On February 24, 2020, the UK branch of the supermarket chain Lidl announced that starting in March 2020 it will begin using food packaging made from ocean-bound plastic collected from Southeast Asia. Ocean-bound plastics are plastic waste that exist as pollution in the environment and are bound to eventually end up in oceans. They are most often existing in and collected from rivers and other waterways. The packaging is set to be used for 13 fresh fish products, and the change is part of Lidl’s effort to achieve the goal of having 50% of its packaging made from recycled materials by 2025. The packaging is reported to be made from 80% recycled materials with a minimum of 30% of the weight coming from ocean-bound plastic. Georgina Hall from Lidl’s office of corporate social responsibility commented: “We are proud to be the first UK supermarket introducing packaging incorporating plastic that would have otherwise ended up in the ocean, helping to tackle the problem directly as part of our commitment to prevent plastics ending up as waste. We are actively looking to extend this innovative solution to other product lines to help reduce the amount of plastic ending up in our oceans and keep our environments healthy.”

However, there are concerns being raised about the safety of recycling ocean-bound plastic for use in food contact materials. An article published on February 26, 2020 in Environmental Health News wrote about Lidl’s effort saying “unfortunately they, like many, are ignoring the toxic dimension of plastic recycling.” Author Pete Myers writes “Sorry. It may be well-intentioned, but for someone who understands plastic toxicity, it’s a horrifying idea.” The article goes on to explain that many potentially hazardous substances could be present among the thousands of additives and non-intentionally added substances that could exist in the ocean-bound plastics. Recycling of plastics for use in food contact materials in the EU requires the bulk of the source plastics (typically >95%) to have been strictly used previously as food contact materials (and therefore be compliant with food contact plastic regulations). This is difficult to ensure when plastics to be recycled are collected from the environment. “Some of those beach plastics in Lidl’s recycled packaging may be safe, although literally none (really, none) have been fully tested for safety,” Myers says. “That means programs like Lidl’s bring you food packaging that is unavoidably toxic. Unless they have tested each batch. In which case, Lidl, show us the data.”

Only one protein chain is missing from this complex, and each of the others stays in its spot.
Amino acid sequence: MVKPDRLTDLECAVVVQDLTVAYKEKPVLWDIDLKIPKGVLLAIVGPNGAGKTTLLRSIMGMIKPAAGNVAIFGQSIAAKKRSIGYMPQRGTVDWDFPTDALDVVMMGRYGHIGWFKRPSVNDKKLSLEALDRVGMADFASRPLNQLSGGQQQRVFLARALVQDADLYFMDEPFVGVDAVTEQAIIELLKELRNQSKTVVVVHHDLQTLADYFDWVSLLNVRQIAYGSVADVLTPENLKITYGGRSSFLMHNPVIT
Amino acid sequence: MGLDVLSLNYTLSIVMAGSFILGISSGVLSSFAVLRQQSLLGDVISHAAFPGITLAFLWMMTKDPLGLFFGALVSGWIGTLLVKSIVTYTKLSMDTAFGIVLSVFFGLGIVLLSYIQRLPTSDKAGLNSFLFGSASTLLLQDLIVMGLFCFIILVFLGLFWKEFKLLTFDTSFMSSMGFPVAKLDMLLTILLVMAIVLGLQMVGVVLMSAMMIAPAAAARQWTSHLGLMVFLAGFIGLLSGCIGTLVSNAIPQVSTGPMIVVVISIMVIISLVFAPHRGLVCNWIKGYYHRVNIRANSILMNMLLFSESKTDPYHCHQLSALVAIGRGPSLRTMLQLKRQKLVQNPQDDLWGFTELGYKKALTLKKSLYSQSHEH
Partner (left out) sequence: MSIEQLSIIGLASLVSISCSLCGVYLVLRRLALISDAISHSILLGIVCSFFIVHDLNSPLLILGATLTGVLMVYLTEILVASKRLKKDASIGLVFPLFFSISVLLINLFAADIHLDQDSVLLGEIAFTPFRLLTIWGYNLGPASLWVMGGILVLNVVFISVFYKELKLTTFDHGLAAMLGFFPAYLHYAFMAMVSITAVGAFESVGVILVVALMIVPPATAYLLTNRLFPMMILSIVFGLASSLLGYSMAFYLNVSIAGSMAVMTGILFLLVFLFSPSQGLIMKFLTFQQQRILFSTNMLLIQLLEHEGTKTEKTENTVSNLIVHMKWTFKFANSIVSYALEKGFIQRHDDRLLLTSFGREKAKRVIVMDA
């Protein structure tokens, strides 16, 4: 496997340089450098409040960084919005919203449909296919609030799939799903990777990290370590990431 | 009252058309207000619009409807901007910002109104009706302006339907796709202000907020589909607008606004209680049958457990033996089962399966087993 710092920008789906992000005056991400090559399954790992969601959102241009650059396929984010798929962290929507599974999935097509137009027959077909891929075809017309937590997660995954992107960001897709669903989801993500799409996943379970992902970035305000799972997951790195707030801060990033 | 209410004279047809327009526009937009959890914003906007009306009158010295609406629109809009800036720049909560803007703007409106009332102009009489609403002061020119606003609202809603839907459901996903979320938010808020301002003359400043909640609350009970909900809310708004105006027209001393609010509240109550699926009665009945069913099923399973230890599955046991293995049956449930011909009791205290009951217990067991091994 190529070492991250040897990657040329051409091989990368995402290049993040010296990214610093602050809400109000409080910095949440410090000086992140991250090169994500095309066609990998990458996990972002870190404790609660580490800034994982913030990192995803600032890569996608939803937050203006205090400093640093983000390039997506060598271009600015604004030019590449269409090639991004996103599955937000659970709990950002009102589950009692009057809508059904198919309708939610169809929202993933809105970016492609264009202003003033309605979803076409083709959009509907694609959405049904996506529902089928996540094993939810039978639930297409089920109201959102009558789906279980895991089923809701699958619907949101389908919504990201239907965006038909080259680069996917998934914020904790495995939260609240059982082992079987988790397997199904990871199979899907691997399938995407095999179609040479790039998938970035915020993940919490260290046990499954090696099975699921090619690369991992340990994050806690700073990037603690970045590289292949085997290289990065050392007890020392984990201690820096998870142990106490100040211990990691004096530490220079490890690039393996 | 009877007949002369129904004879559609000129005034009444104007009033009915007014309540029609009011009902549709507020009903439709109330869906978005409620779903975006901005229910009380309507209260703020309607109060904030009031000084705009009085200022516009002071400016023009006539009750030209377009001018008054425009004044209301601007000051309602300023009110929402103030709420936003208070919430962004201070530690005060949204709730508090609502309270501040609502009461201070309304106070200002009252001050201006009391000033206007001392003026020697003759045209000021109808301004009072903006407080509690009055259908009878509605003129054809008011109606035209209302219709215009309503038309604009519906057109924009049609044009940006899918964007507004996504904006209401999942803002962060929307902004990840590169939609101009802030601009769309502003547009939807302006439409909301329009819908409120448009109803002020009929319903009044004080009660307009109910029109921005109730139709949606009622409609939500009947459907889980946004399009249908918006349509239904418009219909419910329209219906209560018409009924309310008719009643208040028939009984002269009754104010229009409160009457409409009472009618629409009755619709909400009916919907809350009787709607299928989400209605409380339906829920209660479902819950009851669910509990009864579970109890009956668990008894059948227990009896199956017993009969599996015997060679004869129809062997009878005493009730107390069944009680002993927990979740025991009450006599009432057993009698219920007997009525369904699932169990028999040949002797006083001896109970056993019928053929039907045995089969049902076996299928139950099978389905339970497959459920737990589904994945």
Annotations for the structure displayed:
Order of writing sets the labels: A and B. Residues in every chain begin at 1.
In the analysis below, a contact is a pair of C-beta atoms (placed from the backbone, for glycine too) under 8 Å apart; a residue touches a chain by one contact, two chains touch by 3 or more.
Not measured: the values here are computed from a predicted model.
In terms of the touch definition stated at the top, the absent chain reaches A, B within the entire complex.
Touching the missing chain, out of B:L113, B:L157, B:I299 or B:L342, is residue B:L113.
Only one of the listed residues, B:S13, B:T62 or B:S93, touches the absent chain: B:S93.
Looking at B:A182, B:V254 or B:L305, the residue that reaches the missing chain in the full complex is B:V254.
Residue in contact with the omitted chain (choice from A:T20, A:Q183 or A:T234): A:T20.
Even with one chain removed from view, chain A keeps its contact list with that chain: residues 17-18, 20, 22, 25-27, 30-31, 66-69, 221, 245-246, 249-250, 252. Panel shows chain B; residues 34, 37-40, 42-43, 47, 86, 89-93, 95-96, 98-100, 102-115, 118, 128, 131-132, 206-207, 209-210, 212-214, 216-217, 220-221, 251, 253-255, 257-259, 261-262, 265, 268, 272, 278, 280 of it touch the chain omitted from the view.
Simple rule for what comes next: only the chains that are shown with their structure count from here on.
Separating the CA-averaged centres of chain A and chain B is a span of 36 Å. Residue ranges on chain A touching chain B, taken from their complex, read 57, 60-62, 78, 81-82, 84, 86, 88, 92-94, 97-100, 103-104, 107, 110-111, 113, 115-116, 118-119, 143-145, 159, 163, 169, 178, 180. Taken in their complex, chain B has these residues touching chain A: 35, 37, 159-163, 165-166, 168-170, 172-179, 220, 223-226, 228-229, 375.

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Lidl (February 24, 2020). “Lidl launches supermarket-first packaging using ocean bound plastic.”

Ryan Morrison (February 24, 2020). “Lidl becomes the first UK supermarket to launch recycled packaging made from ‘ocean bound plastic’ collected from beaches in South East Asia.” Mail Online

Pete Myers (February 26, 2020). “Ocean plastic: How recycling creates tomorrow’s problems.” Environmental Health News

Packaging Europe (February 24, 2020). “Lidl reveals food packaging made from 30% ocean-bound plastic.”